The emerging idea that obesity may have an infectious origin gets new support in a cross-sectional study by University of California, San Diego School of Medicine researchers who found that children exposed to a particular strain of adenovirus were significantly more likely to be obese.
The study will be published in the September 20 online edition of the journal Pediatrics. September is National Childhood Obesity Awareness Month.
Jeffrey B. Schwimmer, MD, associate professor of clinical pediatrics at UC San Diego, and colleagues examined 124 children, ages 8 to 18, for the presence of antibodies specific to adenovirus 36 (AD36), one of more than 50 strains of adenovirus known to infect humans and cause a variety of respiratory, gastrointestinal and other infections. AD36 is the only human adenovirus currently linked to human obesity.
Slightly more than half of the children in the study (67) were considered obese, based on a Body Mass Index or BMI in the 95th percentile or greater. The researchers detected neutralizing antibodies specific to AD36 in 19 of the children (15 percent). The majority of these AD36-positive children (78 percent) were obese, with AD36 antibodies much more frequent in obese children (15 of 67) than in non-obese children (4 of 57).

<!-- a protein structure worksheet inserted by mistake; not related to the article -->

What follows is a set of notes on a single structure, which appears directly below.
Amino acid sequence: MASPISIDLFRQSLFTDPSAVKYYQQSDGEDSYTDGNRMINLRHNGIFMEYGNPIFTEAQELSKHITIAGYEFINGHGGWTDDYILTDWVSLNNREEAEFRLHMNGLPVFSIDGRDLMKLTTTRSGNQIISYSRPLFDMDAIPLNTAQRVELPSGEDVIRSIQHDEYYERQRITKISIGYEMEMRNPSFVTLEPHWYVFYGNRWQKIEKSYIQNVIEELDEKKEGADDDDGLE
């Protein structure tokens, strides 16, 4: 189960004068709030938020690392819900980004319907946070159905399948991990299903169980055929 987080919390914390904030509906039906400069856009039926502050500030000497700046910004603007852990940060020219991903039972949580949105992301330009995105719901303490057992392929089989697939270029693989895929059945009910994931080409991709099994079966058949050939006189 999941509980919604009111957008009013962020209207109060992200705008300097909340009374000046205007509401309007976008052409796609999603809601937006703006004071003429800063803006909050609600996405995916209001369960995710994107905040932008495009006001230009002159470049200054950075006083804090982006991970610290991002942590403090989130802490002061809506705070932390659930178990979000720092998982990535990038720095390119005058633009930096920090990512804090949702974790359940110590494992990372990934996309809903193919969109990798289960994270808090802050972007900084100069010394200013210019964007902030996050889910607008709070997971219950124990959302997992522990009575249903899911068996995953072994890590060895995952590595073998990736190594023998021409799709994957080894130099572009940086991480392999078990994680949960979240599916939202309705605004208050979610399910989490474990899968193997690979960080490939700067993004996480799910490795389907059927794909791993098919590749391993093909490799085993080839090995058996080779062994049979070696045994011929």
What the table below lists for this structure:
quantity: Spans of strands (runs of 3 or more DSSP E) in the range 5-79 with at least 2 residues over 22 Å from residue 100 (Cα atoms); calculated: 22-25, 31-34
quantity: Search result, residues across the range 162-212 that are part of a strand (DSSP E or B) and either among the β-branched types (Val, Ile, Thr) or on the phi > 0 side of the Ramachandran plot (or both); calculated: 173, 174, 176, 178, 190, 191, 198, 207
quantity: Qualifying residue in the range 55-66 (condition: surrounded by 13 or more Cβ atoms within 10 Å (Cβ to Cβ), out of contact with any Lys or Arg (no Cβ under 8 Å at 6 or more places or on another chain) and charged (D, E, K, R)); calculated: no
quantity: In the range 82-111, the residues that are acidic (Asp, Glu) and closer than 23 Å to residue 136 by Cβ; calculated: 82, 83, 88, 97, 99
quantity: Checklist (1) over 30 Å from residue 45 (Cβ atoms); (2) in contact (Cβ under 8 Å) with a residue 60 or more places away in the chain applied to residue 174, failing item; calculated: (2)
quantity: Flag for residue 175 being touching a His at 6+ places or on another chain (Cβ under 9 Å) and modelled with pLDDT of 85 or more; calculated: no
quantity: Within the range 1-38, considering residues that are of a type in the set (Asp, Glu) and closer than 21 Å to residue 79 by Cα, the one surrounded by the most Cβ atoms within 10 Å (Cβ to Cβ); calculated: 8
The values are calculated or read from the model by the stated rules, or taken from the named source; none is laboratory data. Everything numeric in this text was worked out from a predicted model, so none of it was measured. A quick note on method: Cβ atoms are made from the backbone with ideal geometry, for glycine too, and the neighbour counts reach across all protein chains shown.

Children who were AD36-positive weighed almost 50 pounds more, on average, than children who were AD36-negative. Within the group of obese children, those with evidence of AD36 infection weighed an average of 35 pounds more than obese children who were AD36-negative.
"This amount of extra weight is a major concern at any age, but is especially so for a child," said Schwimmer, who is also director of Weight and Wellness at Rady Children's Hospital in San Diego. "Obesity can be a marker for future health problems like heart disease, liver disease and diabetes. An extra 35 to 50 pounds is more than enough to greatly increase those risks."
|Contact: Scott LaFee|
University of California -- San Diego